Season Finale Wednesday, May 18 at 9:30 PM ET/PT on ABC
In season finale, “Good-ish Times,” Dre is left exhausted after wrestling with a lot of stress at work and while at home, he drifts to sleep watching a TV marathon of “Good Times” – cue the dream sequence. The Johnson family goes back in time to the 1970s transforming into the classic TV show’s characters.
Like any parents, Andre “Dre” (Anthony Anderson) and Rainbow (Tracee Ellis Ross) Johnson want to give their children the best. But their offspring’s childhood is turning out to be much different than theirs. They now realize at least two things: there is a price to pay for giving their children more than what they ever had, and these loving parents are totally unprepared for the fallout.
Dre considers himself the family patriarch and when he looks at his life – he sees a beautiful wife and four kids living happily in their colonial home in the ‘burbs. But when he looks a little closer — have the trappings of success brought too much assimilation for this black family? The world he sees has a much different lens than the one he would like his family to look through.
He may disagree with some of the liberal viewpoints of his bi-racial wife, Rainbow, an anesthesiologist. But they are in agreement that they want to successfully raise their family in a better situation than what they had. Much to her husband’s wonderment, she believes their children can exist in a colorless society. She takes pride in that her husband will break down barriers by becoming the first black senior VP of his ad firm. She is also looking forward to the salary increase that will follow.
Dre’s father, affectionately referred to as “Pops” (Laurence Fishburne), has an affinity for velour tracksuits and going to the racetrack. He can be quite the curmudgeon and takes every opportunity to offer his opinion on family issues. But when Pops offers his usually curt and spot-on old school wisdom, it is difficult to disagree with him.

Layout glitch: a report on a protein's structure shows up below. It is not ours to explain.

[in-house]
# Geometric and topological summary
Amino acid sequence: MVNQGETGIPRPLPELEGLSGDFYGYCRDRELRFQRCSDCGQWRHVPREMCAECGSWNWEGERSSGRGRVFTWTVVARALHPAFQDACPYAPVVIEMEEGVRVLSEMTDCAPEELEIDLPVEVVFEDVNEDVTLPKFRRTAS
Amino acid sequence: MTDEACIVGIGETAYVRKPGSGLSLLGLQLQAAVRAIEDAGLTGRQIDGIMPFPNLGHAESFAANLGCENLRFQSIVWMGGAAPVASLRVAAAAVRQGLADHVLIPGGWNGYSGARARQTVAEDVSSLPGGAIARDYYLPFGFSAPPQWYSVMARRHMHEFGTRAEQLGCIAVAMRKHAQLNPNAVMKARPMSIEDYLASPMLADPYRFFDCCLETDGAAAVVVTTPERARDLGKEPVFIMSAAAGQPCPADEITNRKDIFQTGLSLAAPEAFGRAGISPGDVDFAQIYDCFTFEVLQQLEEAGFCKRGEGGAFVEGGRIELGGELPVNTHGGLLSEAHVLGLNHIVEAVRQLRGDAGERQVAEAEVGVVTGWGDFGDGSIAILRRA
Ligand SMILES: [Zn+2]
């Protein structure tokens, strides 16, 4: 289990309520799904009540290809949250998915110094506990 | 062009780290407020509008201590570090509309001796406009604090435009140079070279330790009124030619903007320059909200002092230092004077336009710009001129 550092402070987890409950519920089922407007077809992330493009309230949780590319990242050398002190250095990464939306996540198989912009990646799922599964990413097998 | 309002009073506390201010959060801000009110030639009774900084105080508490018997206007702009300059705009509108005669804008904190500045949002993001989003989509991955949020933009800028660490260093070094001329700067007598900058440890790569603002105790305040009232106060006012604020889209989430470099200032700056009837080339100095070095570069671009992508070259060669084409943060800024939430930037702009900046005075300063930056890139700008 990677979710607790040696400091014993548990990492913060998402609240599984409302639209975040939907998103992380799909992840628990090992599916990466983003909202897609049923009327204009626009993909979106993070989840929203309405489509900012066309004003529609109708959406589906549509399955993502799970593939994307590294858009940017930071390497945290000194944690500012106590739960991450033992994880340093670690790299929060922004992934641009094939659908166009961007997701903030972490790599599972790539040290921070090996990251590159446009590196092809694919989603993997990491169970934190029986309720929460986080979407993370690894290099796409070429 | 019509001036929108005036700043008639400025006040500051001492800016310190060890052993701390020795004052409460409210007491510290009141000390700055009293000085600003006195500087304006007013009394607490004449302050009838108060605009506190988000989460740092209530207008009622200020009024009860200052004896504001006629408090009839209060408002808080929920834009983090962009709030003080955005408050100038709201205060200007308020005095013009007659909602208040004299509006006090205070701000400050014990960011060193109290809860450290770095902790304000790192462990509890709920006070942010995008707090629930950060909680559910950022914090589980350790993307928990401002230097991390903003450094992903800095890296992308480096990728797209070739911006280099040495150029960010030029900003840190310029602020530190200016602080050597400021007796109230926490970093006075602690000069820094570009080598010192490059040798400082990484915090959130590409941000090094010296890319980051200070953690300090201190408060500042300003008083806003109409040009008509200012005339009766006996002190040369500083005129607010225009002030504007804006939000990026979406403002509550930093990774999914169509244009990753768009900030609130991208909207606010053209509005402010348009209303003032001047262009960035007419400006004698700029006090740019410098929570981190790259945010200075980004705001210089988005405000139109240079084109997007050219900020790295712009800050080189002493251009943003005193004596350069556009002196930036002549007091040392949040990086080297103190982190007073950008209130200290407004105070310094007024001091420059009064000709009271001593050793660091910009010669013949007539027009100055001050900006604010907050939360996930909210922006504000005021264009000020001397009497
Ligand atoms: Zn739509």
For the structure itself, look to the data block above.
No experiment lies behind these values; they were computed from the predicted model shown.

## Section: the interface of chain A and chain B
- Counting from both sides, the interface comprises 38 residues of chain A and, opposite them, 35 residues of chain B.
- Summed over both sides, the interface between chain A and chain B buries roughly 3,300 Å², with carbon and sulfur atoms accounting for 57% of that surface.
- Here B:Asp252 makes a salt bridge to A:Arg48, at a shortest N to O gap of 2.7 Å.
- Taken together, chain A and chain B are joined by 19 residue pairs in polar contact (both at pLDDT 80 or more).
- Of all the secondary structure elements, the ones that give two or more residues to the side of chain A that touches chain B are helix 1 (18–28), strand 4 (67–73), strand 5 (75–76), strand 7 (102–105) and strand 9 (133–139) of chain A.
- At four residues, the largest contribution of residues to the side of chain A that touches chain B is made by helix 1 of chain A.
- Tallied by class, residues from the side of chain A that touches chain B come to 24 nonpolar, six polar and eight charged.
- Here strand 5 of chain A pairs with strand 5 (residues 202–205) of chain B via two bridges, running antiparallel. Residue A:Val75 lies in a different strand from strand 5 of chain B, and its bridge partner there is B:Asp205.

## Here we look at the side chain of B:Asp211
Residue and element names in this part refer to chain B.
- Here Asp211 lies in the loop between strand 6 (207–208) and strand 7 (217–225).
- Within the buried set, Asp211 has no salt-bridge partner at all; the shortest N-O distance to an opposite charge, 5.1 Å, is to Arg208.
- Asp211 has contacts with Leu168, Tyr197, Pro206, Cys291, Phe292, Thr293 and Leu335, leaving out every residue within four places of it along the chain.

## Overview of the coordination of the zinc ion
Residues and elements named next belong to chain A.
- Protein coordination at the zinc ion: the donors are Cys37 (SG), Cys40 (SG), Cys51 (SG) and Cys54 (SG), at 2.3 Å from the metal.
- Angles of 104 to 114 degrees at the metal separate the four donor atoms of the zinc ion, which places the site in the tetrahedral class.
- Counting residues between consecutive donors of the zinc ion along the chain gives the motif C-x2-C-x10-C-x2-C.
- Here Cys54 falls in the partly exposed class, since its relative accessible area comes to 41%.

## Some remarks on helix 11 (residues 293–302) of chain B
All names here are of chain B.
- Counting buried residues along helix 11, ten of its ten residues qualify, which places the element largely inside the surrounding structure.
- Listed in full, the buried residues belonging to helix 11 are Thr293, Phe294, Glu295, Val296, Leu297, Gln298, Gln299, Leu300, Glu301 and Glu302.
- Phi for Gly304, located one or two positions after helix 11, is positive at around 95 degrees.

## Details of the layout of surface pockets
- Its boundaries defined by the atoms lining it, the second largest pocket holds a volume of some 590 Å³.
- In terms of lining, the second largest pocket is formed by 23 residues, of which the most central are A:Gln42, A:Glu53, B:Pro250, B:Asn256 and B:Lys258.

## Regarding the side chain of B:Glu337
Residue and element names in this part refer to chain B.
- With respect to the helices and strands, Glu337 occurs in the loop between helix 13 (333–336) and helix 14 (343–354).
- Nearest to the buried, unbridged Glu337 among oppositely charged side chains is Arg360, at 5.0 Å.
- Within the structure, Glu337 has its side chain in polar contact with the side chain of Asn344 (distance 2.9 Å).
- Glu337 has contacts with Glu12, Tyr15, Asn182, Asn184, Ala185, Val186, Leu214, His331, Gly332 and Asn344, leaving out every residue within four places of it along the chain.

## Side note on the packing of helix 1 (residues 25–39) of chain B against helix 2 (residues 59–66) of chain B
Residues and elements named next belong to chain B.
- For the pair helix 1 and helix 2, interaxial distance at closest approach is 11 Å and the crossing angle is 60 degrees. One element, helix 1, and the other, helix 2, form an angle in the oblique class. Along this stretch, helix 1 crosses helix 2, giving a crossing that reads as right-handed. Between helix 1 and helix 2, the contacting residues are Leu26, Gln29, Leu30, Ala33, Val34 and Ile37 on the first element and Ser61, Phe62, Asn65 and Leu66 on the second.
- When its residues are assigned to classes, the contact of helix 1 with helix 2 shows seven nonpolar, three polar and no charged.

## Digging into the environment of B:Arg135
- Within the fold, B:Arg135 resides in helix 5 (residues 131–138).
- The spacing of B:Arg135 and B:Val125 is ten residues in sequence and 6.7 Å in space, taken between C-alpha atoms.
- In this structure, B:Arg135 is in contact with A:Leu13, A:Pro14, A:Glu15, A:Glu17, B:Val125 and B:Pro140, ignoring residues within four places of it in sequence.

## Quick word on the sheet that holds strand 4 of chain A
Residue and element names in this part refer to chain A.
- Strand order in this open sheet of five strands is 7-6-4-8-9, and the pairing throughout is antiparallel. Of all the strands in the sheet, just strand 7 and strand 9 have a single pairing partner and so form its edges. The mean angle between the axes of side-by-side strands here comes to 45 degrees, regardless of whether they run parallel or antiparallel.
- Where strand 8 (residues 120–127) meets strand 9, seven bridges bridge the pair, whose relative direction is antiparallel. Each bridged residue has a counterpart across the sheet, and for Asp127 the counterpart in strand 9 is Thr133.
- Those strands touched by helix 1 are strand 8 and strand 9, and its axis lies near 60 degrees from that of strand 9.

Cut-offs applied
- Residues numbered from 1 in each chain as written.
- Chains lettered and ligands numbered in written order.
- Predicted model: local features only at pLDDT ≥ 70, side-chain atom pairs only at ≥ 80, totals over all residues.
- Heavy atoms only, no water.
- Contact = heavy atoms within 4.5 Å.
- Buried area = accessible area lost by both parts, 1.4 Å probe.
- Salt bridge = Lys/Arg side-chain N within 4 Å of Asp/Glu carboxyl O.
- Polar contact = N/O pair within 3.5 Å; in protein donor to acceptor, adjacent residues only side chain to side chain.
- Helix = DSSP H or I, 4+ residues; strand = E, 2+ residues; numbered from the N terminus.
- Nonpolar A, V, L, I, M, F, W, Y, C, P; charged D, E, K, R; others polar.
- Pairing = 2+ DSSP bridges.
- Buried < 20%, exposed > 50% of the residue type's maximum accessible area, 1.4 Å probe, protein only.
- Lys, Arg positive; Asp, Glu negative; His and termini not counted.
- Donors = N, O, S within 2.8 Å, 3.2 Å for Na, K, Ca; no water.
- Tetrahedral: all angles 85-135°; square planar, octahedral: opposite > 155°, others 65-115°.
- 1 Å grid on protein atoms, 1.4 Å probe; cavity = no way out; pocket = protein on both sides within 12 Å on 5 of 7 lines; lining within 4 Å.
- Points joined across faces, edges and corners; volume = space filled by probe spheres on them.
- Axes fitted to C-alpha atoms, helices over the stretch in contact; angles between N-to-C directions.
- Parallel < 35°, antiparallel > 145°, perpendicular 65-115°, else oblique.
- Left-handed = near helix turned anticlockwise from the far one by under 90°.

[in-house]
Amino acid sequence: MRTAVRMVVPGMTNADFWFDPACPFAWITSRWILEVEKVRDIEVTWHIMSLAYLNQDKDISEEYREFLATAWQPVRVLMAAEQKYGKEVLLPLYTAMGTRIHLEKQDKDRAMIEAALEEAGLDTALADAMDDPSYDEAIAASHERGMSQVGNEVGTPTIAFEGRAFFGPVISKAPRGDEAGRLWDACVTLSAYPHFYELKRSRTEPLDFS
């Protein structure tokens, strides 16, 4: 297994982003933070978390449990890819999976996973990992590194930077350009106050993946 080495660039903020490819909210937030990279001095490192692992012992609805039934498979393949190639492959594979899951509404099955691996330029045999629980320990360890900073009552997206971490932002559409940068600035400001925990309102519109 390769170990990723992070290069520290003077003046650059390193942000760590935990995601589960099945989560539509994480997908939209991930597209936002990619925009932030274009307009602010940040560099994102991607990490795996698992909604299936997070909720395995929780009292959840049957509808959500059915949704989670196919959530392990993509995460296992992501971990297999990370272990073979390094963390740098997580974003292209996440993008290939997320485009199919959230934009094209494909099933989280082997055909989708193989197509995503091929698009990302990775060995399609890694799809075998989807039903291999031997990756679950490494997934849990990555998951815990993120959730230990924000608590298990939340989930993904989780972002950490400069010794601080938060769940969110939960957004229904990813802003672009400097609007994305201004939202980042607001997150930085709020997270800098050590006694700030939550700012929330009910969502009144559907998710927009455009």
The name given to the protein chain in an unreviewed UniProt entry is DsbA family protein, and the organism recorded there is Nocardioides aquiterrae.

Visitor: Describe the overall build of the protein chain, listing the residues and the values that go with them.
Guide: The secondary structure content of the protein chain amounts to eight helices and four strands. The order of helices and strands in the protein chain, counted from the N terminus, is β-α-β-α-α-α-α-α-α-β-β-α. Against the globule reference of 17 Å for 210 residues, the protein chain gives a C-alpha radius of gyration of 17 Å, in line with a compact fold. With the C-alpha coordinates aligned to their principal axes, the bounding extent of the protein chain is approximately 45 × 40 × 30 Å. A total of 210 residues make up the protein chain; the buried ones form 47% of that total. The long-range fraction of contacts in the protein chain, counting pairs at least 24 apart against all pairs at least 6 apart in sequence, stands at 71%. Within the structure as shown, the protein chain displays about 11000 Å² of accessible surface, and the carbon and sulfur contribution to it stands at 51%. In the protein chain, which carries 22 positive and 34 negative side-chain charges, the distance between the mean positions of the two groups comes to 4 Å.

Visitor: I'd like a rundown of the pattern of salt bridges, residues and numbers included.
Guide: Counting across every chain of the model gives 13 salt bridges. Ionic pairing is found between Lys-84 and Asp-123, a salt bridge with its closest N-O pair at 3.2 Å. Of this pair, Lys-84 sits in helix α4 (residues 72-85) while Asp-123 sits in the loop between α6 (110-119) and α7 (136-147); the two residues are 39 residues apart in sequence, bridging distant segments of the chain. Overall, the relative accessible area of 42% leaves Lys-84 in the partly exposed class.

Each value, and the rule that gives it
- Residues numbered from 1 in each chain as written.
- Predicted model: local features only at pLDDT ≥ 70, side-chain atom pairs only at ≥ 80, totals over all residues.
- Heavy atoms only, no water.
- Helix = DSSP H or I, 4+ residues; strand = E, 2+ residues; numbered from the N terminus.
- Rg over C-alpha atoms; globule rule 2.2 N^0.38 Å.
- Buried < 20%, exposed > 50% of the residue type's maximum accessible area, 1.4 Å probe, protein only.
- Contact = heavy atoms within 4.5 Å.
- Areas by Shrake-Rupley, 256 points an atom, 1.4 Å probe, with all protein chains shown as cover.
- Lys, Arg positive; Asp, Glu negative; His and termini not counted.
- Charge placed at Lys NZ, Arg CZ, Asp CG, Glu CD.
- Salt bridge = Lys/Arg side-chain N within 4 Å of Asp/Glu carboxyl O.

Dre’s son Andre Jr. asks to be called “Andy,” and then announces that like his schoolmates, he wants a bar mitzvah for his 13th birthday — and their family isn’t Jewish. When the boy says he wants to play for his school’s field hockey team instead of basketball, Dre has to wonder: would he rather Andre play basketball because it is a black-ish sport? Or could it be Dre wants his namesake to like the sport he prefers?
Zoey, 15, has everything going for her. She’s pretty, popular and super smart. However, she is dripping in privilege and unearned entitlement. Zoey’s idea of success is rooted in material things, rather than hard work. The definition of accomplishment for Zoey? To have 100,000 Instagram followers.
Rounding out the family are six-year-old twins, Diane and Jack. Diane is gifted and talented. She thinks she has all the answers but has yet to develop a filter to put them through. Although she is one minute older than Jack, she likes to think she is smarter than her twin brother by ten thousand minutes. Young Jack is more of the sensitive type and idolizes his dad. He is quick to give his father a compliment, even if it does come out a little awkward.
Dre is sincere about honoring his family’s past, while also embracing its future. As he defines what the American dream means to his family in a multi-cultural world, one idea keeps surfacing. It appears that in this melting pot called America, we are all a little um, black-ish.